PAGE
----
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Details of Grant 

EPSRC Reference: EP/D051908/1
Title: Renewing the Warwick 600 MHz Solid-State NMR System: Enabling State of the Art Technique Development and Novel Structural Applications
Principal Investigator: Brown, Professor SP
Other Investigators:
Dupree, Professor R Smith, Professor ME Hodgkinson, Professor P
Blindauer, Dr CA Holland, Dr D Bugg, Professor TDH
Marsh, Dr A Thomas, Professor PA
Researcher Co-Investigators:
Dr AP Howes
Project Partners:
Department: Physics
Organisation: University of Warwick
Scheme: Standard Research (Pre-FEC)
Starts: 01 January 2006 Ends: 31 December 2008 Value (£): 450,928
EPSRC Research Topic Classifications:
Analytical Science Chemical Biology
Materials Characterisation
EPSRC Industrial Sector Classifications:
Aerospace, Defence and Marine Electronics
Pharmaceuticals and Biotechnology
Related Grants:
Panel History:  
Summary on Grant Application Form
When scientists investigate problems, like all good detectives they need clues as to what is happening. For a whole range of key problems, techniques that can reveal the local environment around an atom are crucial to provide insight into the structure at this level, which often governs how a material or molecule behaves. Nuclear Magnetic Resonance (NMR) spectroscopy has increased in importance throughout the sciences as it is an element specific probe that can distinguish very small changes in the surroundings of different sites (e.g. the number of corners by which an SiO4 unit is connected in a structure, or the different bonding of carbon, such as the differences between CH3 and CH2). NMR exploits the inherent magnetism of atomic nuclei: like the alignment of a compass needle in the Earth's magnetic field, nuclear magnets have a preferred direction when placed in a strong magnetic field. This preference, however, is weak and a nuclear magnet can be made to change its direction from e.g. aligned with to aligned against the magnetic field, by applying a resonant radio wave, i.e., one whose frequency and hence energy matches precisely the energy required to flip the nuclear magnet. The electrons surrounding the atomic nucleus are also affected by the presence of a magnetic field. Importantly, the resonant frequency of a particular nucleus depends very sensitively on this additional response of the electrons, such that the atomic nuclei act as spies of the local electron environment and hence the specific chemical bonding allowing it to be used to probe environments as described above.The resonant frequencies of different nuclear isotopes are well separated such that an NMR spectrum is specific to a particular chosen isotope. (An element can exist as different isotopes whereby there is the same number of protons but a different number of neutrons in the nucleus - the number refers to the total number of protons and neutrons.) This project will make use of much of the Periodic Table. Some nuclei are easy (such as 13C and 29Si) but others have been rarely observed by NMR (e.g. 33S, 47,49Ti). The project is to provide the state of the art equipment to allow the latest, modern experiments to be implemented and new ones designed. The equipment will be used in conjunction with a high magnetic field, and this makes possible some experiments that are not possible at lower fields because of the increased resolution for some nuclei and larger signal that the system will provide. One of the key plus points for NMR is that nuclei experience interactions that convey precise information about their surroundings. As an example the dipole interaction arises as the nuclear magnets are not isolated, but rather they interact in an analogous way to how two bar magnets either attract or repel when brought close together. Importantly, the magnitude of this so-called dipolar interaction is inversely proportional to the cubed distance between the two nuclear spins. Thus, the measurement of such dipolar interactions between a pair of say 17O and 1H nuclei directly gives the distance between an oxygen and a hydrogen atom. Such a distance can be used to quantify the degree of hydrogen bonding - an interaction that plays a key role in determining, e.g., the three-dimensional structure of a protein.A test of a good technique is that it is applicable to a wide range of problems. The equipment and the techniques developed as part of this project will be applied to both physical and life sciences. Problems to which the atomic scale structural information will be applied include: pharmaceuticals, catalysts for hydrocarbon conversion, volcanic materials, radioactive waste-storage glasses, new tissue replacement materials, understanding diseases and enzyme pathways and new electronic materials. It is through the partnership between problem-based and technique-based scientists that real progress is made.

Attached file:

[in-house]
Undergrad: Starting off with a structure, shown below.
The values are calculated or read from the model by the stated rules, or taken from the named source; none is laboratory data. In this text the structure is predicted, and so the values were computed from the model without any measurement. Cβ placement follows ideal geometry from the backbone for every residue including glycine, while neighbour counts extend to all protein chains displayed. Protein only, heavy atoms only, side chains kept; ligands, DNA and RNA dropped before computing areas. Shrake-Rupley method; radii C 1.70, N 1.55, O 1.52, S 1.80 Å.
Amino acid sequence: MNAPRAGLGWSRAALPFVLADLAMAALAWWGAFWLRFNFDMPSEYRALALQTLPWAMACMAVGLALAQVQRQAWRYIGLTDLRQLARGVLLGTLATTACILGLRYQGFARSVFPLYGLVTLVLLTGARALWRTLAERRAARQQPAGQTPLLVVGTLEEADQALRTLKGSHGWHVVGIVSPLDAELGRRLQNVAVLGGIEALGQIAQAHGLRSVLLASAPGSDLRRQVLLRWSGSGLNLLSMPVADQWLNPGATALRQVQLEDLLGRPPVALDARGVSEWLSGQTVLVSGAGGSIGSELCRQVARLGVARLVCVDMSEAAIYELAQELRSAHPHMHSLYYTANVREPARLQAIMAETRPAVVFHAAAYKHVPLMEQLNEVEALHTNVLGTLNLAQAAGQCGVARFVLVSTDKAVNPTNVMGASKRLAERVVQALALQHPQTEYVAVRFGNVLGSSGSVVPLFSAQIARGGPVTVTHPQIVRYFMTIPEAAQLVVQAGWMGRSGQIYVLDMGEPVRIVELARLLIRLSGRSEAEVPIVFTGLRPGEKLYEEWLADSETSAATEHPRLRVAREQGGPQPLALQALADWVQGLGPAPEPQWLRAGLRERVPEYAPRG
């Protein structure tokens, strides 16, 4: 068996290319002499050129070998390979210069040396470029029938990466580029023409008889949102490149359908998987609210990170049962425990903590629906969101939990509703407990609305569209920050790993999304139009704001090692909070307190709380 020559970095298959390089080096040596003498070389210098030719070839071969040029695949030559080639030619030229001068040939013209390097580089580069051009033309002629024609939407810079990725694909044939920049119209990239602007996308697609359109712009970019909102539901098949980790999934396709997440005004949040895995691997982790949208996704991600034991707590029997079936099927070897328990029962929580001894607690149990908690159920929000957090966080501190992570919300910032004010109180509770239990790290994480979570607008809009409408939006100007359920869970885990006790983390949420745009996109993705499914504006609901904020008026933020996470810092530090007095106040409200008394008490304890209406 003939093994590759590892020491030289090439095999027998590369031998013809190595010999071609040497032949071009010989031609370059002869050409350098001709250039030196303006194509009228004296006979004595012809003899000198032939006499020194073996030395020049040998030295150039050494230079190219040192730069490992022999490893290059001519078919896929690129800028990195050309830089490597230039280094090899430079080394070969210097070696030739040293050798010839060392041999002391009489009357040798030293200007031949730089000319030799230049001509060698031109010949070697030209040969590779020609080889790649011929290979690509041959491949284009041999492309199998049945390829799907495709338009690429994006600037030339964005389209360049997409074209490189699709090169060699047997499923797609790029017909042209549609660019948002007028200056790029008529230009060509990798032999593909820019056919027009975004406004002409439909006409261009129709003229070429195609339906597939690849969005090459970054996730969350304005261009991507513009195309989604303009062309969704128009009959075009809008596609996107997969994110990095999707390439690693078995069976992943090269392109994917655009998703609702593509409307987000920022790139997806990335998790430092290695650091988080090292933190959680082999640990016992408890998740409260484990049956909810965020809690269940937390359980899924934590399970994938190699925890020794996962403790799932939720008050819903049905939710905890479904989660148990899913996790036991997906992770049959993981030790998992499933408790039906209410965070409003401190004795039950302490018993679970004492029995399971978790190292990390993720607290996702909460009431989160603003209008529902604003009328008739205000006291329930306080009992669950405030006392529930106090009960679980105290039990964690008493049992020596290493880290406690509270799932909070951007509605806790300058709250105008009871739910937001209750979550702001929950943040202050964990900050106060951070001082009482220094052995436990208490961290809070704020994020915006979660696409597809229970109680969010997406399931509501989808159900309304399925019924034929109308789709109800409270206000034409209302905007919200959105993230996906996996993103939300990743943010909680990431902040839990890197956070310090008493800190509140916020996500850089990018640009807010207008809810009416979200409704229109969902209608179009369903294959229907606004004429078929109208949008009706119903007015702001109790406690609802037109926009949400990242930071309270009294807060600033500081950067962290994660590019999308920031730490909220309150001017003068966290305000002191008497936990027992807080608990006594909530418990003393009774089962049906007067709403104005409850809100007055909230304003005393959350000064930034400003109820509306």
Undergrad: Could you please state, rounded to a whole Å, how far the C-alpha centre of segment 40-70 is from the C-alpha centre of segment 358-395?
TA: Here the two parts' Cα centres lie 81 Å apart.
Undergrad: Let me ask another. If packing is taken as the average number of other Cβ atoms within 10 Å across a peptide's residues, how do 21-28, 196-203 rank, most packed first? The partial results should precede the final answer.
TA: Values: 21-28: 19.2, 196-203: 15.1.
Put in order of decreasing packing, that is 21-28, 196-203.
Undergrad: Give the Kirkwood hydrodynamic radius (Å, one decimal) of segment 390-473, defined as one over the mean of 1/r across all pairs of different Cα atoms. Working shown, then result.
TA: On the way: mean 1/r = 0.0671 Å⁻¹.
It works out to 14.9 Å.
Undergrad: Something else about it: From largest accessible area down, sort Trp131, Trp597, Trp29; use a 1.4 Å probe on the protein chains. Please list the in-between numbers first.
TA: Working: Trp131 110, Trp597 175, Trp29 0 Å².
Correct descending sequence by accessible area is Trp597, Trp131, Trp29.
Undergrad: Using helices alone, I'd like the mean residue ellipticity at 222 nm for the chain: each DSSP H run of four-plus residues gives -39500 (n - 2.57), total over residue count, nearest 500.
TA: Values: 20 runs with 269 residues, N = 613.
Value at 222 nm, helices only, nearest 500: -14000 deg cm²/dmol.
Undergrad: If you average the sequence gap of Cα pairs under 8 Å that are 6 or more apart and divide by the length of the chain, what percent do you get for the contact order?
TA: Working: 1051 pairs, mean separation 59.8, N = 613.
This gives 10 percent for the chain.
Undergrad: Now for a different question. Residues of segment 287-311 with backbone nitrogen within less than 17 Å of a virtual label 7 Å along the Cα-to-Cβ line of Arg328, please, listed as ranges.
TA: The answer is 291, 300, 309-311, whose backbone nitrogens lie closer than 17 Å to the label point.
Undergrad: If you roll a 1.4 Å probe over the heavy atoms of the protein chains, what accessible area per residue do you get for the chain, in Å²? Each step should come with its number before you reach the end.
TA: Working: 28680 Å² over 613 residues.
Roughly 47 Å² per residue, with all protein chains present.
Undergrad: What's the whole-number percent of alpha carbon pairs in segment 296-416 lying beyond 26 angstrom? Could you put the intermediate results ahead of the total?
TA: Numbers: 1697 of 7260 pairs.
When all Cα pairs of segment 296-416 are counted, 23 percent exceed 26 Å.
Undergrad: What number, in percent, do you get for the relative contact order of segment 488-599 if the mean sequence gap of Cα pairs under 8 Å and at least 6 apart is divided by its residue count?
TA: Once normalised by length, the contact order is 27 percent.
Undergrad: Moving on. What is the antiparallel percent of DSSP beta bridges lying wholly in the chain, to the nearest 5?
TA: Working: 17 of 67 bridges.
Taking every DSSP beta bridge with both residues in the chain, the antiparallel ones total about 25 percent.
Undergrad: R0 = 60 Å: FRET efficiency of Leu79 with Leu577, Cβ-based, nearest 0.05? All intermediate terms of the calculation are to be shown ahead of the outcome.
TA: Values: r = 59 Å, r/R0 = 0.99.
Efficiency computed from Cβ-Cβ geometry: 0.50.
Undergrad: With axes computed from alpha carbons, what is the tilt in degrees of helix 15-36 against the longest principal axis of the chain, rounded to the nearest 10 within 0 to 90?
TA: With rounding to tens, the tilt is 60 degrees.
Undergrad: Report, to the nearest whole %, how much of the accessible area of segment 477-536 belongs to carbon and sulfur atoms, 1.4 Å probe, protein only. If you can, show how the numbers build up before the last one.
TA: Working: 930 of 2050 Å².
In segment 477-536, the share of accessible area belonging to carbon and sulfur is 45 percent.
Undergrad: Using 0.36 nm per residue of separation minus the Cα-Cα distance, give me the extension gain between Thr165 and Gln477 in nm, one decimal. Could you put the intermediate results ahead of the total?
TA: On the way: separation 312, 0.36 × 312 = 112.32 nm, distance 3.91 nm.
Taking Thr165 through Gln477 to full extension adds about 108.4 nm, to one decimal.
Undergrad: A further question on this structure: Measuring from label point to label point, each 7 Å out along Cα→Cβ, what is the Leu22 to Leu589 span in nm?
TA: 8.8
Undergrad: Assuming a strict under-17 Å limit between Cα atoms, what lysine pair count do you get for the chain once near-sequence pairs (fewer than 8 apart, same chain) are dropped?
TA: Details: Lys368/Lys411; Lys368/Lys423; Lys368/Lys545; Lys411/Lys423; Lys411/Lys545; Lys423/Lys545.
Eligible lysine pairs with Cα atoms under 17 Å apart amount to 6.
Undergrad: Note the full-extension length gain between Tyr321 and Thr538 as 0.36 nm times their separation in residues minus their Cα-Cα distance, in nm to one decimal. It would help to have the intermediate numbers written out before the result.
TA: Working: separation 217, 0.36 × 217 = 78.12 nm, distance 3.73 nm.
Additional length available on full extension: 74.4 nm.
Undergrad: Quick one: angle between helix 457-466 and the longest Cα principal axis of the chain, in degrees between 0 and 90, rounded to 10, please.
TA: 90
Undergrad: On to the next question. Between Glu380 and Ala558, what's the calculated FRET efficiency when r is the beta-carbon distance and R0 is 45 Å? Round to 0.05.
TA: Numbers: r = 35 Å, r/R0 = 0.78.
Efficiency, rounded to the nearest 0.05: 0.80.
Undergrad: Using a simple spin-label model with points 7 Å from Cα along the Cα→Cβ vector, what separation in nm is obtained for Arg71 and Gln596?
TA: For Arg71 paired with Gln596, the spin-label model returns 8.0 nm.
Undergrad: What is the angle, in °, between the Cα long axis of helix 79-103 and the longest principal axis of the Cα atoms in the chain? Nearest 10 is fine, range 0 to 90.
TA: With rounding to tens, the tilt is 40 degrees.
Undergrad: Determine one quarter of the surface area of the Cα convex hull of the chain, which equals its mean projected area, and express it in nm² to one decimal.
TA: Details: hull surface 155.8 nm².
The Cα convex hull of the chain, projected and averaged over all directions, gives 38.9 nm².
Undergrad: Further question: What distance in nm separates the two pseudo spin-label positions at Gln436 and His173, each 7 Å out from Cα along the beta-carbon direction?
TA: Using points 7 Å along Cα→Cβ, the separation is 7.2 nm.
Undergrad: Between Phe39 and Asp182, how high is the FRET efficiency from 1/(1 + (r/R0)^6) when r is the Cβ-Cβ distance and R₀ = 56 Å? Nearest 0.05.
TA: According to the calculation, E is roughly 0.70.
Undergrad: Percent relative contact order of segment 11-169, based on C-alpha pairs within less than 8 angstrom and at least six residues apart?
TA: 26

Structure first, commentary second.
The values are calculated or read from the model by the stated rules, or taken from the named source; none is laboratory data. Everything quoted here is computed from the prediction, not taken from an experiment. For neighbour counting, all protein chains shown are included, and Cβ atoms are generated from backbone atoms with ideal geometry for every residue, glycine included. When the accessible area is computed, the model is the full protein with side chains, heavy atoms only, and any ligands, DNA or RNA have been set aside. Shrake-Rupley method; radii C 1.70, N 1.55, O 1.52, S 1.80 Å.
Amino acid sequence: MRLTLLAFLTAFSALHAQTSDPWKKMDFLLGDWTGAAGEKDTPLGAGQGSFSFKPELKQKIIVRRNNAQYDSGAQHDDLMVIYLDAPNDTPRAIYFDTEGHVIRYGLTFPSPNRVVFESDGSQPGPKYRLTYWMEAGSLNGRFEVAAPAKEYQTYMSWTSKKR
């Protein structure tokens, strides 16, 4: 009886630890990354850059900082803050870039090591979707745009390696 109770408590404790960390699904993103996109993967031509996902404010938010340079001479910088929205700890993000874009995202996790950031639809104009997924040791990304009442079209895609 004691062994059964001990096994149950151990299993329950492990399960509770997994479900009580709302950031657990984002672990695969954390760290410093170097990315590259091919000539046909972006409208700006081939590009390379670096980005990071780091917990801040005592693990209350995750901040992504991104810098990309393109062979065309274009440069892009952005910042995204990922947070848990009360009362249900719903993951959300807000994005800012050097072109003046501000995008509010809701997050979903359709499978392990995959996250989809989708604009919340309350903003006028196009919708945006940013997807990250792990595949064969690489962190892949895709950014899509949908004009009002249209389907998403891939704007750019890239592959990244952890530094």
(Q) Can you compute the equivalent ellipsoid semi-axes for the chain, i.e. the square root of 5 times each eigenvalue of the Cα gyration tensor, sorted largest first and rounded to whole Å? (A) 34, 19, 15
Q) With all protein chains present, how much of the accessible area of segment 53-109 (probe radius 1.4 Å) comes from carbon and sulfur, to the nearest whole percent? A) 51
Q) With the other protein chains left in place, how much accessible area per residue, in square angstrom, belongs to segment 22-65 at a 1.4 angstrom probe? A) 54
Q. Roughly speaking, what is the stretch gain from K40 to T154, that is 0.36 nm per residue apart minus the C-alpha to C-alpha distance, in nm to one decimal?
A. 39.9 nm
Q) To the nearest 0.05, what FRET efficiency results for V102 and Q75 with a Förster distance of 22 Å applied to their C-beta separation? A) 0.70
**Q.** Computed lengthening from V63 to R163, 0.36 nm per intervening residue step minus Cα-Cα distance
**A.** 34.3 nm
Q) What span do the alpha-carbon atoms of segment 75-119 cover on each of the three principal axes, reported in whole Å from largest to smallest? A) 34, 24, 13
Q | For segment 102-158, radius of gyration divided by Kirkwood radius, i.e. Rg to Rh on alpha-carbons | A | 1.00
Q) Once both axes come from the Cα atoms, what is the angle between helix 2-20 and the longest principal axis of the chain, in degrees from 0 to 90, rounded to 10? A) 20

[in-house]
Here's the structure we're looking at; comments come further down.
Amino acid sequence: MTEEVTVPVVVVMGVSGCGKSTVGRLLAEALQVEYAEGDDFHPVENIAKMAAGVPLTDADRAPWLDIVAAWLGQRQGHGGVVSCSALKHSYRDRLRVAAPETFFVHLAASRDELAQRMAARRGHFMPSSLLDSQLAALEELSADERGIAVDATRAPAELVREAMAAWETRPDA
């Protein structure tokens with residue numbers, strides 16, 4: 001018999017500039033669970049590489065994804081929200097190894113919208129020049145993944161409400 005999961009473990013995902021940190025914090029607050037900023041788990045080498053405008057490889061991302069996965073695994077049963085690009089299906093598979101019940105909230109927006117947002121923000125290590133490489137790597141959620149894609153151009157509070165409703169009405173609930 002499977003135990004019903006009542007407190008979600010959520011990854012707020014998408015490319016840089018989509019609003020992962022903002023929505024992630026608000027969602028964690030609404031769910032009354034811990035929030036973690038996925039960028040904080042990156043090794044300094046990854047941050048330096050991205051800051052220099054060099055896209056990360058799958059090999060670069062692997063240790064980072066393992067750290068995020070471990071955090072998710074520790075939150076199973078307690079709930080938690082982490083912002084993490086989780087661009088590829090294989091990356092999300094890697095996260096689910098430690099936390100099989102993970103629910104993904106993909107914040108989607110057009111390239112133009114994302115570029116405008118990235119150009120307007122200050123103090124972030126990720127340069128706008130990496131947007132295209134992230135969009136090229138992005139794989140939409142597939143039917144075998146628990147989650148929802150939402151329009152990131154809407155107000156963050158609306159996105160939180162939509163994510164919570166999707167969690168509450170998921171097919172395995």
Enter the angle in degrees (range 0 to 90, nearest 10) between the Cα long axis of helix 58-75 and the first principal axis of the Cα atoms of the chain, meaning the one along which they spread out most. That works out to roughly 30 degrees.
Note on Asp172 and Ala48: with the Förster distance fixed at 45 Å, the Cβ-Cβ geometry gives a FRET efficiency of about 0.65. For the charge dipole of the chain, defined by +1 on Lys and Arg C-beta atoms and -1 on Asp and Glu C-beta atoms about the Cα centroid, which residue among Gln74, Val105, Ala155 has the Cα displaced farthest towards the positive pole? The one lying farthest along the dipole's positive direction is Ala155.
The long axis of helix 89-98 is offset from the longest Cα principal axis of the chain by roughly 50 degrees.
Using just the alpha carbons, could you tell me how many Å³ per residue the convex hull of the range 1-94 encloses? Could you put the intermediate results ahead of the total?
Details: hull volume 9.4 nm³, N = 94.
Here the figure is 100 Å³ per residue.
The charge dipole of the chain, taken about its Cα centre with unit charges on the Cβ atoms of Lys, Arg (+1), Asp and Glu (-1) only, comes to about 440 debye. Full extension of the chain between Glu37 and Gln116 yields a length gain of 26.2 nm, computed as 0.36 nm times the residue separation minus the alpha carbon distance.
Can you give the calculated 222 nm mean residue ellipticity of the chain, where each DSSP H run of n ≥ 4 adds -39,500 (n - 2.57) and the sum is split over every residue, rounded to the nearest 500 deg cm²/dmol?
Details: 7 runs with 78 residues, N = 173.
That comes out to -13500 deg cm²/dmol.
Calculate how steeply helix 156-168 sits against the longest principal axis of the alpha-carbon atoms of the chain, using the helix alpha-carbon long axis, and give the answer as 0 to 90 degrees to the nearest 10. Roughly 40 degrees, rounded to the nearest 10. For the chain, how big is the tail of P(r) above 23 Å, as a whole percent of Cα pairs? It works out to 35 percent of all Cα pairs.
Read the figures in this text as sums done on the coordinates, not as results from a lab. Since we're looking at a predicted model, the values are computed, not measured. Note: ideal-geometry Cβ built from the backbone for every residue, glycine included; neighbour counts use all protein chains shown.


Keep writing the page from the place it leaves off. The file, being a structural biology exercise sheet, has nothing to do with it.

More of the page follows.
Key Findings
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Organisation Website: http://www.warwick.ac.uk